When everyone’s a passenger instead of a driver, the car experience really starts to change.
As we take more and more Lyft and Uber rides — and eventually once autonomous cars drive us around — the purpose of the car will transform. The space once centered on getting us from point A to point B is already becoming yet another portal to sell us stuff.
Services like Cargo and Vendy bring products like gum or earbuds into cars tied to ride-hailing services so you can have them there and then. It’s a vending machine in the age of ride-hailing apps. Uber has already exclusively partnered with Cargo as a side hustle for drivers. Grab in Singapore similarly has partnered with the in-car commerce startup with a captive customer base in the back seat.
The car becomes a vending machine.
While Cargo and Vendy purchases are offered only in ride-sharing trips, Alexa-enabled shopping “trips” will one day happen in your own car, too. Earlier this month, Amazon released a developer kit for Alexa to be directly connected to car infotainment systems so anything we’d ask our Amazon Echo devices to do can happen in-vehicle.
The car ride becomes an experience, not just a means of getting somewhere.
As Cargo founder Jeff Cripe said in a call this week, “as we spend more time in the car, we are hungrier for comfort, entertainment, and productivity.” The car ride becomes an experience, not just a means of getting somewhere.
For now, a car trip is the opportunity to offer people essentials like snacks and charging cords. But eventually when “cars aren’t cars anymore,” as Cripe put it, services beyond a ride will be in demand. We’ll see time in the car as a place to get work done or take a nap or catch up on the latest TV series.
Just as the flying experience can currently feel like a shopping bonanza with purchases required for everything from entertainment, internet connection, food, and pillows and blankets, in-car purchases will need to be tempered. Overwhelm the space and riders will push back.
Cargo collaborated with Snapchat earlier this year to offer unique Snapchat Lenses from brands that Cargo offers in its vending box, like Red Bull and RXBAR protein bars. This partnership showed how the car and our mobile phones (which are becoming an extension of the car) can quickly be overrun with promotions, ads, and branding. It starts to feel like too much.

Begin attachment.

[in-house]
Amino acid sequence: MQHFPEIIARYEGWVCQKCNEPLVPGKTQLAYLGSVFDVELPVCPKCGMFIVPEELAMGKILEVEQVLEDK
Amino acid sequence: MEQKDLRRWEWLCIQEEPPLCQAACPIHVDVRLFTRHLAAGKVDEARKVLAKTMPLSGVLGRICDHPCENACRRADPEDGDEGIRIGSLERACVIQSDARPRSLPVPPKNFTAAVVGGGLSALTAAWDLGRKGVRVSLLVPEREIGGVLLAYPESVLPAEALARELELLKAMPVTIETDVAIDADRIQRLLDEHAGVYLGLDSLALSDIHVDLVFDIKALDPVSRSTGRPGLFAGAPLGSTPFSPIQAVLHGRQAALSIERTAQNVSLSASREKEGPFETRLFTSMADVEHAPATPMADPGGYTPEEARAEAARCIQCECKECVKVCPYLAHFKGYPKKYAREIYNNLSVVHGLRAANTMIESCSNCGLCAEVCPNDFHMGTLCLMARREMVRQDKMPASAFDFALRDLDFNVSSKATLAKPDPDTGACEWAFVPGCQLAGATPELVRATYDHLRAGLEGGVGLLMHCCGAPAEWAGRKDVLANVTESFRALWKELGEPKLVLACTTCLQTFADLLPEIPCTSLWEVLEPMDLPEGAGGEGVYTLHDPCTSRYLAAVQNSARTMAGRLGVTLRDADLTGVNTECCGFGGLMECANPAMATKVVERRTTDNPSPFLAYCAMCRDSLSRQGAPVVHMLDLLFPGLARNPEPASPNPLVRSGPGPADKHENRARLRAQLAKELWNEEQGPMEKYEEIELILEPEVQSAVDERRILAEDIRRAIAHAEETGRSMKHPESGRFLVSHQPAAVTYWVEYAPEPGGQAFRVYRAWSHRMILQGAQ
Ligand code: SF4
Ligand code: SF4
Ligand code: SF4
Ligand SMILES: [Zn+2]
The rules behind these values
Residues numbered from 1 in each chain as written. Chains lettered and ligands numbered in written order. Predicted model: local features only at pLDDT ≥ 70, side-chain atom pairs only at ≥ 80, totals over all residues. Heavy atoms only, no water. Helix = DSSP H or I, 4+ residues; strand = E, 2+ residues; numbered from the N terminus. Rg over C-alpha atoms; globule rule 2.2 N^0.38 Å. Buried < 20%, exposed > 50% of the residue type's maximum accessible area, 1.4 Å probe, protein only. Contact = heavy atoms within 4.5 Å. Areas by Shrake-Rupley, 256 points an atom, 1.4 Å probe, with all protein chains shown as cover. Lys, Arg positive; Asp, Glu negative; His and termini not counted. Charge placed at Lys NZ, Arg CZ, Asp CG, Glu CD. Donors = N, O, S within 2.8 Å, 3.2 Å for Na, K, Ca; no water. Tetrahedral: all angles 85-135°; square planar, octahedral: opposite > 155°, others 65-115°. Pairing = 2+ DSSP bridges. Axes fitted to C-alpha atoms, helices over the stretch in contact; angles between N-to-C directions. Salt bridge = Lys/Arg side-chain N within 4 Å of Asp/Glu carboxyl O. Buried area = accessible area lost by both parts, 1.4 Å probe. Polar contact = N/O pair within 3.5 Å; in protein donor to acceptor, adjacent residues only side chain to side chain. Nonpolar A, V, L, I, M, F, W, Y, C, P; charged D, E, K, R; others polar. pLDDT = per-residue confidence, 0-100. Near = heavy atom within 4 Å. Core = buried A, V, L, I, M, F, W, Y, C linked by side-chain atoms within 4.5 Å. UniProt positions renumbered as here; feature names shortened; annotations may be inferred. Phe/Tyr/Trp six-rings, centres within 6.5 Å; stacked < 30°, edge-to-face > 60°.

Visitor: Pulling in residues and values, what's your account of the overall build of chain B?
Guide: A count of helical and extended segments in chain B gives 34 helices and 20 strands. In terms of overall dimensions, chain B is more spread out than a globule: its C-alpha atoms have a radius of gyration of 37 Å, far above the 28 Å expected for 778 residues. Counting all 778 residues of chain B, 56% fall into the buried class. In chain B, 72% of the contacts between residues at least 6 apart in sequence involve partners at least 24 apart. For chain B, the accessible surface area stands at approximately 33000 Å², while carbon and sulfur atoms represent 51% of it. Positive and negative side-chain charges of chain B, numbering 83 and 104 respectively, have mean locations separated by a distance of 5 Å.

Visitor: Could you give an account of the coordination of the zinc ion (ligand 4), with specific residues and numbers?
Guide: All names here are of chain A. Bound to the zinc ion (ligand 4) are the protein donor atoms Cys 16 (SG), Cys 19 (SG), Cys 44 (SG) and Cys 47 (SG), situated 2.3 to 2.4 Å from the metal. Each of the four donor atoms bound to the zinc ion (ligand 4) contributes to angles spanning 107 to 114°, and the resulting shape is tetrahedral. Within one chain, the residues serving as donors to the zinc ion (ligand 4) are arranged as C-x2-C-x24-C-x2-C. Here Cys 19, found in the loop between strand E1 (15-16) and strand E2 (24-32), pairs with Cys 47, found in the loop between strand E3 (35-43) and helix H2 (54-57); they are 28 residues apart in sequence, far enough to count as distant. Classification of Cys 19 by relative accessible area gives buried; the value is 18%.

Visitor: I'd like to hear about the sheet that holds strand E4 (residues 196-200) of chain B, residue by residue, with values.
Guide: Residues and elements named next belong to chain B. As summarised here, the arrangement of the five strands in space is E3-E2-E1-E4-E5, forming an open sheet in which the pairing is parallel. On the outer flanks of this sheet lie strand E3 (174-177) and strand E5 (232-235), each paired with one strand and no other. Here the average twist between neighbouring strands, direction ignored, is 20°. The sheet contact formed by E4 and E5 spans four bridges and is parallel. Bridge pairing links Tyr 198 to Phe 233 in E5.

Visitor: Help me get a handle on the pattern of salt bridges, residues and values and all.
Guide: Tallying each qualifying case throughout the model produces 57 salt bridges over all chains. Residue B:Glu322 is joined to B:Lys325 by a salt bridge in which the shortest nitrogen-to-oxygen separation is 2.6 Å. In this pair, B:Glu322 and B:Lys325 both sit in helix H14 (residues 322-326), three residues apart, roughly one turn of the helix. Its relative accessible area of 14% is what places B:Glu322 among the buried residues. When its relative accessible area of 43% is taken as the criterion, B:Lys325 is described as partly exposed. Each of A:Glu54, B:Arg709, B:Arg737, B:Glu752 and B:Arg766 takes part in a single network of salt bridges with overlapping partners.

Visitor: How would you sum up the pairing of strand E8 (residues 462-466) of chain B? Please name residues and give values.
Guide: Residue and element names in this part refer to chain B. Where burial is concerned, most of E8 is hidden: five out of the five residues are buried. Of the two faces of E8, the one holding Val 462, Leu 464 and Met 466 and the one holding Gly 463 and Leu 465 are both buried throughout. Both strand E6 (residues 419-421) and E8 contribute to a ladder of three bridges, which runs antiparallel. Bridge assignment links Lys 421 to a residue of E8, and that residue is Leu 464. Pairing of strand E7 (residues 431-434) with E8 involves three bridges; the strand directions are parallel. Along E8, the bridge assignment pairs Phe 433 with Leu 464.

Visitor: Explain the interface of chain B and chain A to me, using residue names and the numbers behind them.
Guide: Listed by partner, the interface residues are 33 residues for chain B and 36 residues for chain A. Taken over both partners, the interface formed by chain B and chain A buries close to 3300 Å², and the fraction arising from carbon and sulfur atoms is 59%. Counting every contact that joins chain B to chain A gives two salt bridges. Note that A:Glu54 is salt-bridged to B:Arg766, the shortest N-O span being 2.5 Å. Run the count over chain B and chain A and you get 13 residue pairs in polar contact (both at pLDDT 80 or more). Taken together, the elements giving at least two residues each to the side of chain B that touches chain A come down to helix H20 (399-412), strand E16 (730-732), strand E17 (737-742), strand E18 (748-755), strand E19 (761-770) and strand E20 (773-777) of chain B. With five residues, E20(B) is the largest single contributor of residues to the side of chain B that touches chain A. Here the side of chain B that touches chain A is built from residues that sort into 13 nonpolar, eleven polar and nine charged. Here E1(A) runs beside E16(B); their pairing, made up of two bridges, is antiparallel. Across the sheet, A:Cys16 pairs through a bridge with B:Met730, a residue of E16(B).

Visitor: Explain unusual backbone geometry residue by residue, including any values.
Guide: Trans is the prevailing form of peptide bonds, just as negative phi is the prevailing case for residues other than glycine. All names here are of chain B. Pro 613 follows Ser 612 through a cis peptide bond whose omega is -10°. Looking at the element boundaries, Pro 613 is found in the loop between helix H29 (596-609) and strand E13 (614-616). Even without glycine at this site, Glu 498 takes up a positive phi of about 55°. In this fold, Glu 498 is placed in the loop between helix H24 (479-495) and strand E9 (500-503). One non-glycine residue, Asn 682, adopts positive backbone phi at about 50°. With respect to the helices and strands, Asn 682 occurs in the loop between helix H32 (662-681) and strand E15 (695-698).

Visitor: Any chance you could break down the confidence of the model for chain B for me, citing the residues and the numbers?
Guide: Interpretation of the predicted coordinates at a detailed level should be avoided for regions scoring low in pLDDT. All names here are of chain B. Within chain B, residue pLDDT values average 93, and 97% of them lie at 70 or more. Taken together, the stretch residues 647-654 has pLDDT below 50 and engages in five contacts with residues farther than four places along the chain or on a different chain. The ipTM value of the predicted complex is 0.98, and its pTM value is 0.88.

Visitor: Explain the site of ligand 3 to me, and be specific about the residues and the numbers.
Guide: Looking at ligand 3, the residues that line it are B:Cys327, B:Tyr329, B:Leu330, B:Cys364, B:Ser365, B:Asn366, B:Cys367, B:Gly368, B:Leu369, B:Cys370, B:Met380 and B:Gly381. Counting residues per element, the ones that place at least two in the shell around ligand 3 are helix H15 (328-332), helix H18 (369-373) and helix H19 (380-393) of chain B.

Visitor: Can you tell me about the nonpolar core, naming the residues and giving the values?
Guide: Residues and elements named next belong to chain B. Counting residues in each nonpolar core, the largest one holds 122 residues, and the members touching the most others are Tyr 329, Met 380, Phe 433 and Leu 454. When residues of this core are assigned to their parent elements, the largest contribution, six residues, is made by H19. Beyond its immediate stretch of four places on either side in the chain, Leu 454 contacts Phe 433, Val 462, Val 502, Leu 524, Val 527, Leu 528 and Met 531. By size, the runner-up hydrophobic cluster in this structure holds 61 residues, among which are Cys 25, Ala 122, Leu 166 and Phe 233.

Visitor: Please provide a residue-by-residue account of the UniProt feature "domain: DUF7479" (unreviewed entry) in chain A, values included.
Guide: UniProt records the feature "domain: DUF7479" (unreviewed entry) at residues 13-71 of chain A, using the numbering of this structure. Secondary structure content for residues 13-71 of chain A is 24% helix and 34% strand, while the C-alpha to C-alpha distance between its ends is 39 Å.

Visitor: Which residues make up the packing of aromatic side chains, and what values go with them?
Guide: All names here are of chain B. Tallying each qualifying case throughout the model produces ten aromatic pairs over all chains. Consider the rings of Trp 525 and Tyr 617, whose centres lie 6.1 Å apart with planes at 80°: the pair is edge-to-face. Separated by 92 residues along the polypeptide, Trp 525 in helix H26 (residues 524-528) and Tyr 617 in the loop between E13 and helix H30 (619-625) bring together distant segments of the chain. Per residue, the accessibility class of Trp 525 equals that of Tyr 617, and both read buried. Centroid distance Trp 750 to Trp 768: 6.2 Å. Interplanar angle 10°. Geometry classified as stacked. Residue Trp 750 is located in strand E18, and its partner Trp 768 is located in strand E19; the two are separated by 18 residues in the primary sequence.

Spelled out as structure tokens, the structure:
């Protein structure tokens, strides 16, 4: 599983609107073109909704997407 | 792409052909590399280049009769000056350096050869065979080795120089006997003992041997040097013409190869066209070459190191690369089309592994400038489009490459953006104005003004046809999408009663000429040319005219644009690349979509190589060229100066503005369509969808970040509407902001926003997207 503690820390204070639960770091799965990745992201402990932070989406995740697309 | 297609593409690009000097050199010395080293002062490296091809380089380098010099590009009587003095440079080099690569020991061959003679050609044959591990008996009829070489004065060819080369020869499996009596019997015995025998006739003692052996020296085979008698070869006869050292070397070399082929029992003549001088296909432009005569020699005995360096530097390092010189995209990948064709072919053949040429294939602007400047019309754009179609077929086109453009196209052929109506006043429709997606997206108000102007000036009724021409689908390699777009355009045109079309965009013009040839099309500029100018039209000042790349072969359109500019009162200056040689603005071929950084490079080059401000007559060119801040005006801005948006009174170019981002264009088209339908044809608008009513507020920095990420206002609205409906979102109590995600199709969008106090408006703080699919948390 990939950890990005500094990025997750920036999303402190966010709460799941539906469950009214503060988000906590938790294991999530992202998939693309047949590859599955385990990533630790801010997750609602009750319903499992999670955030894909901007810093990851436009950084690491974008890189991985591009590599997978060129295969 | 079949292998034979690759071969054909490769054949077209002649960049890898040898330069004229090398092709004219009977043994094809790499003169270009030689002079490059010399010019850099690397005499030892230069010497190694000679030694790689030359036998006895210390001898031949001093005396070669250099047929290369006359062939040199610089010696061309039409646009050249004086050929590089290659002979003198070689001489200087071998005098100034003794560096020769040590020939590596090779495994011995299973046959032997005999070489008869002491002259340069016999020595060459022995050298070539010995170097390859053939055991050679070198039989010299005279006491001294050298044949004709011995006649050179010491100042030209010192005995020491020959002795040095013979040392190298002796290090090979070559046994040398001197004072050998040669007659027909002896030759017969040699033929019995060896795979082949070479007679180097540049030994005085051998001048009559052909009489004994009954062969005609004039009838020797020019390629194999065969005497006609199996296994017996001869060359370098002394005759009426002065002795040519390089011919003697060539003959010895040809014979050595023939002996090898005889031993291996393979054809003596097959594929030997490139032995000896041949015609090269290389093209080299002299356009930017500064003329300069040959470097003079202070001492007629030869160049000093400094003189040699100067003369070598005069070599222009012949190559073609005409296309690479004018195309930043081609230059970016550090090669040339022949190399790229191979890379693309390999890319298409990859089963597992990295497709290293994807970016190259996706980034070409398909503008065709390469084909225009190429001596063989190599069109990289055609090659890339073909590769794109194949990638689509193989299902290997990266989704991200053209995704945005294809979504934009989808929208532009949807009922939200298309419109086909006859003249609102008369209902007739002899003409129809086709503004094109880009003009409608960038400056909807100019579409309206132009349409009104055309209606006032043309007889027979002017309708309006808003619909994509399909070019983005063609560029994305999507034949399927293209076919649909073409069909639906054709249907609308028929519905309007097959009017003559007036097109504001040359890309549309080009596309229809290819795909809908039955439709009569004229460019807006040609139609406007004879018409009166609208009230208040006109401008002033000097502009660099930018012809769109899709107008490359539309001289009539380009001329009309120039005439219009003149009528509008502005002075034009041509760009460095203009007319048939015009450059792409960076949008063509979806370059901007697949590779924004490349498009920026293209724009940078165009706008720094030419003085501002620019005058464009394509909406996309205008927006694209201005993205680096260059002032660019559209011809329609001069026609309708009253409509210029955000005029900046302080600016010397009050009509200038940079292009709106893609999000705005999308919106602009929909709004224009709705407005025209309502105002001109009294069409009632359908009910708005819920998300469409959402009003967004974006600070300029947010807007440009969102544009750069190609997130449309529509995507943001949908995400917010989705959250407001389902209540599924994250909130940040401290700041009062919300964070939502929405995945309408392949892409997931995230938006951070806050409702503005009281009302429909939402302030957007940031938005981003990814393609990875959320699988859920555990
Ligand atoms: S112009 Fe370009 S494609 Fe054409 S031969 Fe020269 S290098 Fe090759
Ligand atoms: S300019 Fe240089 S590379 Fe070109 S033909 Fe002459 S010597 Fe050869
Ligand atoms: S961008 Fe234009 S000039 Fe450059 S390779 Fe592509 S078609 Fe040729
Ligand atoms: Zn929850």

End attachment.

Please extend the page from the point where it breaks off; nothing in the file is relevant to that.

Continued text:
Miami-based Vendy CEO Salomon Horowitz, who came from Lyft, said he sees ride-hailing services opening up opportunities like the internet did with e-commerce, social media, and even dating. Ride-hailing apps have opened up a new platform for in-car vending machines, advertising, and data collection.
“We’re going to spend more time in the car and we’re going to have to rely more on the car itself,” he said.
For Cripe “connected cars” could be used as a massive ad platform, but he said a car ride can also now give people back their time to do other tasks, like catching up on reading or work emails. Or as voice becomes more prevalent, the car becomes a space to tell a digital assistant to get things done.
User insights firm Alpha published a report earlier this year that asked what features people want in their self-driving cars. WiFi was a clear winner, along with a TV and a bed. People are trying to relax in the cars of the future.
What to do with all that free time in the car?
This week Shell and General Motors announced a partnership to pay for gas directly from certain Chevys, Buicks, GMCs, and Cadillacs’ infotainment screens built into the car dashboard. A three-digit code on the screen will activate a specific pump and then you can start filling up. Payment happens within the dash-app, where credit card info is already stored.
As cars are manufactured for a more connected reality, paying for anything and everything can happen without even getting out your wallet. Forget getting out of your seat.
The car has become, and will continue to transform into, a space where you can relax, shop, send some emails, watch some TV — anything but drive.